Many other political prisoners have been arrested and detained as minors, or as elderly/sickly – – without any humanitarian concern in regard to their ages and medical conditions.

Many of the elderlies/sickly have suffered severe ailments and further deterioration of their health, because of the poor, cramped conditions; poor food rations; lack of medical attention; and the indifferent treatment and severe restrictions they have been undergoing in jail. A number of these have died in prison.

One of the latest death in prison (last Good Friday, March 29, at the SICA jail) was that of Intong Amirol, past 70 years, who suffered a hypertensive stroke more than two years ago and became totally paralyzed and bedridden since then. He was not brought to any hospital or given adequate medical attention, and had to totally rely on his cellmates for full-time caregiving, feeding him, helping him with his toilet functions and washing him – – all in bed. His family could not assist him at all or even just visit him, as they are poor and too far away. State authorities were asked to release him, as his precarious health condition would surely only deteriorate much further in jail, and as his further detention was not only inhuman, but illegal, since he was totally innocent of the charges against him. But the indifference finally killed him. He was just a Muslim Imam, who depended mainly on coconut farming and copra production for a living in his farm in Lumbang, Isabela City, and also devoted time to actively assisting Christian priests administering and teaching at the Claret High School in Tumahobong, Sumipsip, Basilan. He was in no way connected with the Abu Sayyaf terrorist bandits operating in the mountain areas. But he was arrested as “Intong Aninol,” a full-time Abu Sayyaf Group bandit. A huge bounty was collected for his arrest in the name of that other person.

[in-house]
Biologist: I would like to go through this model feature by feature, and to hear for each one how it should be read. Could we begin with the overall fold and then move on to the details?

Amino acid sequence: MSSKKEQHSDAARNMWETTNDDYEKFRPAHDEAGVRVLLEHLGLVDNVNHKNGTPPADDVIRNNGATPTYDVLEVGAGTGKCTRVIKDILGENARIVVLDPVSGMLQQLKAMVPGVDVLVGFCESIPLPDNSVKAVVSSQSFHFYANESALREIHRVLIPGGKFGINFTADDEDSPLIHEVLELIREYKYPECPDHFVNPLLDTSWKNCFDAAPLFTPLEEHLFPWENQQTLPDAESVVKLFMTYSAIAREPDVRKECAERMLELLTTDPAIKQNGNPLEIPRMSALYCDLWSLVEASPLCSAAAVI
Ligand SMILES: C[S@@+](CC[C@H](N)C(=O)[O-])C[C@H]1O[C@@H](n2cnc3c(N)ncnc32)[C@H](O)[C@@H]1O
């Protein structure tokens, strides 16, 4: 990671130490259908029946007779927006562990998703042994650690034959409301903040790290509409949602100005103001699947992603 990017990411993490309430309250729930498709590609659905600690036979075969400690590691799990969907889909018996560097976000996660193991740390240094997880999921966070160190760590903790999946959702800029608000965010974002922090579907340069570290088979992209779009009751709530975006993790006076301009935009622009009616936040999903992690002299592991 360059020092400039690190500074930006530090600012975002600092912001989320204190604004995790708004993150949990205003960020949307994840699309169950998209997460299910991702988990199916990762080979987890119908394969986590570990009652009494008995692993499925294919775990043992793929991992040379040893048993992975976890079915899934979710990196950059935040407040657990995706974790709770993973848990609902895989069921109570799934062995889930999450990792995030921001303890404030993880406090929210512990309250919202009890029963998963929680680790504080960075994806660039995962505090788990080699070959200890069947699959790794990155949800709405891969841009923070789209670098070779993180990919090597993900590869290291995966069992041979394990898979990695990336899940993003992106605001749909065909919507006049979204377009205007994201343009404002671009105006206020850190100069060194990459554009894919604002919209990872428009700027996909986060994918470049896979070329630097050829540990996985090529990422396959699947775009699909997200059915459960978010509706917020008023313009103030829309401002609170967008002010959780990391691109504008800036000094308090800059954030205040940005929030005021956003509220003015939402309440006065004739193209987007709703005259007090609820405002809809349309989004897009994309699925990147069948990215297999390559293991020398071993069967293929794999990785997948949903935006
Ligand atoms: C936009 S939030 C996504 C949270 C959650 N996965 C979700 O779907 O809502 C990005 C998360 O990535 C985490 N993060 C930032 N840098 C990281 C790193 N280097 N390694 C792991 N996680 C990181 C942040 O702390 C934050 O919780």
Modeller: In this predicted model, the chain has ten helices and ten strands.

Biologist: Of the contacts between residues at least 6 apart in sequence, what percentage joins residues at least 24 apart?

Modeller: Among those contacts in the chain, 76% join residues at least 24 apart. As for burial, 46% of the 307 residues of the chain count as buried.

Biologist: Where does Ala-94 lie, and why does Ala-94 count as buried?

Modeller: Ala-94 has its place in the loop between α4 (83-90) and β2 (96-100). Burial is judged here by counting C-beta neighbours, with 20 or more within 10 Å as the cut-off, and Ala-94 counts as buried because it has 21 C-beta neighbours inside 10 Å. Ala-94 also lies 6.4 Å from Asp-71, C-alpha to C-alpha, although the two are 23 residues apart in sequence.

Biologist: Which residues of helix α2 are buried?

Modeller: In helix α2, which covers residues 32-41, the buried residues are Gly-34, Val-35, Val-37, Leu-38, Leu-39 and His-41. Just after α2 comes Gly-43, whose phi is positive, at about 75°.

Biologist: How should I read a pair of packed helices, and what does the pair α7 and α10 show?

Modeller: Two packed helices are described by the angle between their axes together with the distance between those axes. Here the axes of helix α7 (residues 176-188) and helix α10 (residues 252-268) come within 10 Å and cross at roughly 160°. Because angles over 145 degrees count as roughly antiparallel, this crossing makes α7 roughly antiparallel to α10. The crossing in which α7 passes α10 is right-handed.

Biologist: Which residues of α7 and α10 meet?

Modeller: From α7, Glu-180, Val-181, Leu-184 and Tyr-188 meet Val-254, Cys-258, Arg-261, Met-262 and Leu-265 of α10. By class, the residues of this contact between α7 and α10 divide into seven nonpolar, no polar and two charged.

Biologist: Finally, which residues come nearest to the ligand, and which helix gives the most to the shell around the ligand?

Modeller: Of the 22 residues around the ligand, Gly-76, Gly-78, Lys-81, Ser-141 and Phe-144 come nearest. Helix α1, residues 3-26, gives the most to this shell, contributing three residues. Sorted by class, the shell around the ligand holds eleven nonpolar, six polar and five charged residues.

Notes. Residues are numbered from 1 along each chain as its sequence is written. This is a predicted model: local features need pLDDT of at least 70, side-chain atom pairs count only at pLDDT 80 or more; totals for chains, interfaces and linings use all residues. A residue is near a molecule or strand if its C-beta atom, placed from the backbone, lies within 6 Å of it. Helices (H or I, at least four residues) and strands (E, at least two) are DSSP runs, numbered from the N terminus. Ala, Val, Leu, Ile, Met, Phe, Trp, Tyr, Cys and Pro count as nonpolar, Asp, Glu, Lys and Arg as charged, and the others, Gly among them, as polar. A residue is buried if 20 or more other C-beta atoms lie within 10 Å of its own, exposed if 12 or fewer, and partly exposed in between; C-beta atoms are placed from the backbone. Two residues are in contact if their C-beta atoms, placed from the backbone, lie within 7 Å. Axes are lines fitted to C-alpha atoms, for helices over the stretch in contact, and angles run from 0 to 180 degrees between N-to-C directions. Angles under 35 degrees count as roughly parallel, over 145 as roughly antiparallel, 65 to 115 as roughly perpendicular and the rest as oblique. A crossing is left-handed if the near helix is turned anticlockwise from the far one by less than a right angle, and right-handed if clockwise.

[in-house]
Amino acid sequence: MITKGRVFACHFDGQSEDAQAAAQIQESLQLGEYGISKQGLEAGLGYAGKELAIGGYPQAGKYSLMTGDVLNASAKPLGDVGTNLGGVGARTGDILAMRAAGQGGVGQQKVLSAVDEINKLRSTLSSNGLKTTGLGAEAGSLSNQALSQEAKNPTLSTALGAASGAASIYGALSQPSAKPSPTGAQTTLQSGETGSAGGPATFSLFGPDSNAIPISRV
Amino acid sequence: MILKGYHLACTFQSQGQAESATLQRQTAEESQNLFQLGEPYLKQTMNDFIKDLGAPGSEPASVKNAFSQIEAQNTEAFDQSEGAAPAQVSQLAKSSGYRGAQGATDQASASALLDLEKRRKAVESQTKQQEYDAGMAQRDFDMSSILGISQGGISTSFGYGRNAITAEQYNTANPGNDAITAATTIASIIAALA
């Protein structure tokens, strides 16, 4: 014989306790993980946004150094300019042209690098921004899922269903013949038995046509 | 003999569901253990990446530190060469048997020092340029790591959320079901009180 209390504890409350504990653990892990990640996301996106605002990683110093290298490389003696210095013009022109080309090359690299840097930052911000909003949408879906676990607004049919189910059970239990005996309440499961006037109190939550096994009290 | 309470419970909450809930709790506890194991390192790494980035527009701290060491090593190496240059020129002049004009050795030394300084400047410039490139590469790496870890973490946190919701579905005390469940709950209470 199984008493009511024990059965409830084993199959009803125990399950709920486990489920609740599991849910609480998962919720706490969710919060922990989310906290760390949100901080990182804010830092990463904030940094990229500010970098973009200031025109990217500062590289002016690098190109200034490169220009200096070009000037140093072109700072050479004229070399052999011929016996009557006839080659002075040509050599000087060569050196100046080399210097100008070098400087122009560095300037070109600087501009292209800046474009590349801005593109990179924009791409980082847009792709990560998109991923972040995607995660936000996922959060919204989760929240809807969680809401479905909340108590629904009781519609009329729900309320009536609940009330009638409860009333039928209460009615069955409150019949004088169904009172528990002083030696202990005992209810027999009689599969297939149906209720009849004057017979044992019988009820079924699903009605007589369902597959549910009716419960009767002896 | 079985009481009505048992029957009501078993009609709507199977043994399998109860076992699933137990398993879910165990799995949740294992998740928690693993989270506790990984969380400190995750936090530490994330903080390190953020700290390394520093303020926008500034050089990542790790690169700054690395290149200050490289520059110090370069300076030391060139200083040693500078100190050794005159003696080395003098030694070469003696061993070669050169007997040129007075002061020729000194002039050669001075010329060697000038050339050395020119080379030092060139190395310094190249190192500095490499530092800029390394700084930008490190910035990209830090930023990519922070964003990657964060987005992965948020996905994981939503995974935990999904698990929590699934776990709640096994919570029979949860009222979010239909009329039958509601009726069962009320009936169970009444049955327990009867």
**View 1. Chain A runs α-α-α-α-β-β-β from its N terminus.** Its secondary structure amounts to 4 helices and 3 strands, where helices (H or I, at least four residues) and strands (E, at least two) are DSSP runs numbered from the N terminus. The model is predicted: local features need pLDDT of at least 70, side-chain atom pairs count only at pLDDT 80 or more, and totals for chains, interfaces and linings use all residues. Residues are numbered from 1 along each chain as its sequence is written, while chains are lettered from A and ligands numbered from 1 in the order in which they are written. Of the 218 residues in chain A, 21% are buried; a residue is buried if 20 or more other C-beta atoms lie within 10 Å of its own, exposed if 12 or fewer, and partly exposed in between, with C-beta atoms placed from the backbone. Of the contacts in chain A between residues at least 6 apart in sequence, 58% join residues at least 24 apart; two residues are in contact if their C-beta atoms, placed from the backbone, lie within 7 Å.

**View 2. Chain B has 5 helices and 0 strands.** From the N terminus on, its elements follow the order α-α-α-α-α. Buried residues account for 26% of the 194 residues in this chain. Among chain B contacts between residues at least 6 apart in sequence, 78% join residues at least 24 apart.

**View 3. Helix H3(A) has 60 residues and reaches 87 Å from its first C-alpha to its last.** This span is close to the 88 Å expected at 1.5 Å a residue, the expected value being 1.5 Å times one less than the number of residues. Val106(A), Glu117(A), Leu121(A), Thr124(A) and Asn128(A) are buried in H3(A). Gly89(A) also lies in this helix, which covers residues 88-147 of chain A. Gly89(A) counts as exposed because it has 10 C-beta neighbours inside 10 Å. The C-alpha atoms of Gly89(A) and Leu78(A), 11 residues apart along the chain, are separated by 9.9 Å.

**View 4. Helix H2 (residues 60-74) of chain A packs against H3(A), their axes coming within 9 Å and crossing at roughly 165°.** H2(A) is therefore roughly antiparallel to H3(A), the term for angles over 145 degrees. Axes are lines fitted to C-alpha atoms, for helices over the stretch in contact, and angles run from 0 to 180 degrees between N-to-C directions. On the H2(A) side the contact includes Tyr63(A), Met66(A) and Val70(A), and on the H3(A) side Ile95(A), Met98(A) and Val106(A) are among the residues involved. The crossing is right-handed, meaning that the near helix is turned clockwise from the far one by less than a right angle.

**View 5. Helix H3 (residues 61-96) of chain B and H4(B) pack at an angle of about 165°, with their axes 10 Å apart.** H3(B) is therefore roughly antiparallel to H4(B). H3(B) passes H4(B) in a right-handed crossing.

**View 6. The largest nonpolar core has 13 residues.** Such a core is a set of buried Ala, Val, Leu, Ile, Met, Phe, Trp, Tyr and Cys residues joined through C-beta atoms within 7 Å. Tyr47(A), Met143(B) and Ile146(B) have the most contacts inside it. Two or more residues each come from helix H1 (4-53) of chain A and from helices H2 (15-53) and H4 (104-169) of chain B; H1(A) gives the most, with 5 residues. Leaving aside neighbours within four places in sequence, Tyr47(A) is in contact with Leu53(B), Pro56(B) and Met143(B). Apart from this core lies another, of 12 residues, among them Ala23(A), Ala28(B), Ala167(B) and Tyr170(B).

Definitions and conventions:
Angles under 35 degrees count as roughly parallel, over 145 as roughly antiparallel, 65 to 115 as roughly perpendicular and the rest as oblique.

He had been detained for more than a decade. But, since then, his case hardly moved at all and was totally at a standstill for more than a decade until his death.

Intong Amirol was just one of hundreds of ordinary community folk arrested arbitrarily and erroneously, with huge bounties paid to arrestors, tortured in an effort to force them to admit to crimes they did not commit, detained indefinitely and swamped with trumped-up criminal charges attributed to them as other persons or as some aliases in the lists of those “wanted by law” for “terrorist acts.”

Stretching further the injuries to practically all of more than 400 political prisoners at present in the country, justice has crawled exceedingly slow – – actually one of the slowest in the world – – and, in many cases, has not moved at all for years and even up to a decade or more, rampantly and gravely violating human rights and the law on speedy trial.

The mendicant, rotten, aloof and repressive character, attitude and practice of the ruling state, its military, police and jail authorities, and its justice system, have been at the root of all these problems victimizing not only political prisoners and those aspiring and struggling for socio-economic, political, judicial and other basic reforms, but also victimizing many innocents and, more broadly, the great mass of the Filipino people.

In the face of all this, the need for decisive, radical, fundamental reforms in the state, government, justice system and the whole of society has been all the more urgent.

NDF Peace Consultant
detained at the Special Intensive Care Area (SICA)
Camp Bagong Diwa, Bicutan,
Taguig City
10 July 2013